1

In my culture and as I know it well in many other cultures, people especially youths are thought not to raise their voices when they are talking to someone else e.g. and elderly. I was wondering if someone could tell me whether my self-made sentence below sounds natural to indicate the mentioned message to someone who does not observe this cultural rule?

  • Politeness necessitates not to raise your voice when you’re talking to (a woman / an elderly) etc.

For me, it is grammatically correct, but I have no idea if it is structurally and constructionally correct or not.

2

The word necessitates seems overly formal for such an admonishment. Better to be more direct, I think:

Be polite! Don’t raise your voice when you’re talking to the elderly.

(Incidentally, it’s “the elderly” when referring to the group as a whole, or “an elderly person” if you are referring to just one. You could also say “an elder” but that’s somewhat ambiguous, because, strictly speaking, a 13-year-old could be an “elder” to an 11-year old.)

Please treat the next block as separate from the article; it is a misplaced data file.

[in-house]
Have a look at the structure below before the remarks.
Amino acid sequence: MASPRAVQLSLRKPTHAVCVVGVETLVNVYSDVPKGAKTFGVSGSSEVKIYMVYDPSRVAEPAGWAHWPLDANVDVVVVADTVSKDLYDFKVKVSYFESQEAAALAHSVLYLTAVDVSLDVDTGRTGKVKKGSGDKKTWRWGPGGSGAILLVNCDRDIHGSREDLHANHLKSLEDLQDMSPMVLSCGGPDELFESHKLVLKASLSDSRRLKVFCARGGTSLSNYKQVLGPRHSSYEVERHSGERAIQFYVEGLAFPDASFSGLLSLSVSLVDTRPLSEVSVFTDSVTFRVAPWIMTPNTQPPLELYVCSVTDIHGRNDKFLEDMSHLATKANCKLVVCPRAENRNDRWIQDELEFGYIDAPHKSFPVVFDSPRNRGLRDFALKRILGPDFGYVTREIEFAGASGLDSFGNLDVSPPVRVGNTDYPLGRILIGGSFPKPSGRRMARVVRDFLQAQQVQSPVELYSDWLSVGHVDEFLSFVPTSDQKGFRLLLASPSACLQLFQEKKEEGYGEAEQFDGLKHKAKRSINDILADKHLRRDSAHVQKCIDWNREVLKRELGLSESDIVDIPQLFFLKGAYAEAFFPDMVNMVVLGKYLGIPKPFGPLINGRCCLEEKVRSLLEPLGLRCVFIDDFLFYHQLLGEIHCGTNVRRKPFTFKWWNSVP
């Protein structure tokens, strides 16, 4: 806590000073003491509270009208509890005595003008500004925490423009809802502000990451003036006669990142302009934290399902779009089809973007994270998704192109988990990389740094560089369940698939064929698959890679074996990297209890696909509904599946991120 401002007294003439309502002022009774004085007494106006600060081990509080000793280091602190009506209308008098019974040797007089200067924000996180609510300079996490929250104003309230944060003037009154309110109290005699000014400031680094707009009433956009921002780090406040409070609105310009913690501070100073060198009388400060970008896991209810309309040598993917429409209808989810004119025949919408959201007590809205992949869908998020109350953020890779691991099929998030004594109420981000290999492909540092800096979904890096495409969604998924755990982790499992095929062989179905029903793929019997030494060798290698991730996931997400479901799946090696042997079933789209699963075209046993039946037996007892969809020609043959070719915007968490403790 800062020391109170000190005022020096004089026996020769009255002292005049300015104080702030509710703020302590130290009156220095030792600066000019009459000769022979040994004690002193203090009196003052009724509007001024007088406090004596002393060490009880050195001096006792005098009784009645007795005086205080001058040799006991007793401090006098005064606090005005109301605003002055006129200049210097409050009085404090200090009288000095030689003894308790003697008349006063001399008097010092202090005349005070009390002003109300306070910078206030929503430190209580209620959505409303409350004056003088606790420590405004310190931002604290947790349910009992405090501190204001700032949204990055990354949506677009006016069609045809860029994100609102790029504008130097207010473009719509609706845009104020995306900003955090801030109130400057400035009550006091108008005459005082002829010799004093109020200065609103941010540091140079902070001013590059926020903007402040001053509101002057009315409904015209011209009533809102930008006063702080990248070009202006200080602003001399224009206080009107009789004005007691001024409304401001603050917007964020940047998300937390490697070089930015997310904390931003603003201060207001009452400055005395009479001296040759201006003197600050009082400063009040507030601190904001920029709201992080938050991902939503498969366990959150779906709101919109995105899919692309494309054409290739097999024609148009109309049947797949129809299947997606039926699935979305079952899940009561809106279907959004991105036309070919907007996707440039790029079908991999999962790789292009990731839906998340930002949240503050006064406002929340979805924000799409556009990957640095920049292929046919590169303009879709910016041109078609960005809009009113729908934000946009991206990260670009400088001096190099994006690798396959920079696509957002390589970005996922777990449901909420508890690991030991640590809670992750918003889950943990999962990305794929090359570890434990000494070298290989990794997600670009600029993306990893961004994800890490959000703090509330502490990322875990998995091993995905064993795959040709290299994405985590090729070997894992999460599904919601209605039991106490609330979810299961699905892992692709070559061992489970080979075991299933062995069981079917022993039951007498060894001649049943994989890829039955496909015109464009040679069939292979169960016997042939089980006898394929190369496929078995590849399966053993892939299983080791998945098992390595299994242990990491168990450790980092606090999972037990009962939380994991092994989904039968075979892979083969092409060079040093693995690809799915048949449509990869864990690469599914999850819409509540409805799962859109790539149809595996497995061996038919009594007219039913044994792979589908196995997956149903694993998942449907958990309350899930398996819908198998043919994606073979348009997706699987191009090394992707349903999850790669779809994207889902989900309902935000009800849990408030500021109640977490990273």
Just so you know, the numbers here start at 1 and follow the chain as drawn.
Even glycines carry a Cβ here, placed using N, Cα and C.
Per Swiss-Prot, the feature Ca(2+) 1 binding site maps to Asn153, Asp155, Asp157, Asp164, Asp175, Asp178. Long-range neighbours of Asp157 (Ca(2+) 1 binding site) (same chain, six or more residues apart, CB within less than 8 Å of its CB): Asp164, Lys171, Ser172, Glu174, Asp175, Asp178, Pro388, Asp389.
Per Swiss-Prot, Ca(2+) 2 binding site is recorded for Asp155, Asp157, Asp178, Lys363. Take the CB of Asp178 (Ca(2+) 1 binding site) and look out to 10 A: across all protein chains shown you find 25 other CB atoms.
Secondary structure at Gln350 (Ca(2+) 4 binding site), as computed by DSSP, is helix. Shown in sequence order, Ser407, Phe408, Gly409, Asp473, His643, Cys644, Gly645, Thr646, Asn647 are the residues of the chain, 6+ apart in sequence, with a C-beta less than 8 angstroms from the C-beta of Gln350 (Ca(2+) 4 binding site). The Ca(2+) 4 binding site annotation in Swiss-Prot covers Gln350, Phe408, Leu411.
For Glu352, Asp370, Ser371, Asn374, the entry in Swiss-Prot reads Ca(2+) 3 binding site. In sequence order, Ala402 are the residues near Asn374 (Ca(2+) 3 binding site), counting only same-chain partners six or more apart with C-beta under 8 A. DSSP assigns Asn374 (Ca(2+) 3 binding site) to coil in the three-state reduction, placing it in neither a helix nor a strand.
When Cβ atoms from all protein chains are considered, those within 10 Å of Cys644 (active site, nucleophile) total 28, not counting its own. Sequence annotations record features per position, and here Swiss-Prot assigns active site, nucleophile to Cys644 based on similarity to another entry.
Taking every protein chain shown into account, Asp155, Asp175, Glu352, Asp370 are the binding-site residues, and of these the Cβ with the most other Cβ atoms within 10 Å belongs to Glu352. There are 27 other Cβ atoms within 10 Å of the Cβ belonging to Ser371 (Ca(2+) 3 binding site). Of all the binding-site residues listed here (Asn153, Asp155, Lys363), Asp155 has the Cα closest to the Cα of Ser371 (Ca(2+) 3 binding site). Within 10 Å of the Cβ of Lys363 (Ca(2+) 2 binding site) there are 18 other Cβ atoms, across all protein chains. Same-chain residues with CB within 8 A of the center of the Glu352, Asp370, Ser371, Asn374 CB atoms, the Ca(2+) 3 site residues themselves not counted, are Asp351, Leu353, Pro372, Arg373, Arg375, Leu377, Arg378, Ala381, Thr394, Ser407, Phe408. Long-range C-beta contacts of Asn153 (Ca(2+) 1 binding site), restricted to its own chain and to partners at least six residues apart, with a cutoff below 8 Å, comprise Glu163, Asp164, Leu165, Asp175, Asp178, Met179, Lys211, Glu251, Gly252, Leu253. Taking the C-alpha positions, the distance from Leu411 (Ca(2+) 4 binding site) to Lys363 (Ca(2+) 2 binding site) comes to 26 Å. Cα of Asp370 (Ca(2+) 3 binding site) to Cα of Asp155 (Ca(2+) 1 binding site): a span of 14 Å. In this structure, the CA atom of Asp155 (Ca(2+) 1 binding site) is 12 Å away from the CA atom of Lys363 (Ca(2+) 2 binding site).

If you want to stress a need somehow, you can lengthen this a little bit:

You need to be polite and not raise your voice when talking to an adult.

Lastly, if you really wanted to keep your original sentence structure, you could use dictates instead of necessitates. I think that’s a better fit:

Politeness dictates not to raise your voice when you’re talking to a woman.

I found this definition in Wordnik that describes this usage of the verb dictate:

dictate (v.) to be the determining cause or motive of; fix or decide positively or unavoidably: as, his conduct is dictated by false pride.

For what it’s worth, an ngram shows a modest number of hits for the phrase politeness dictates, but none for politeness necessitates.

Your Answer

By clicking “Post Your Answer”, you agree to our terms of service, privacy policy and cookie policy

Not the answer you're looking for? Browse other questions tagged or ask your own question.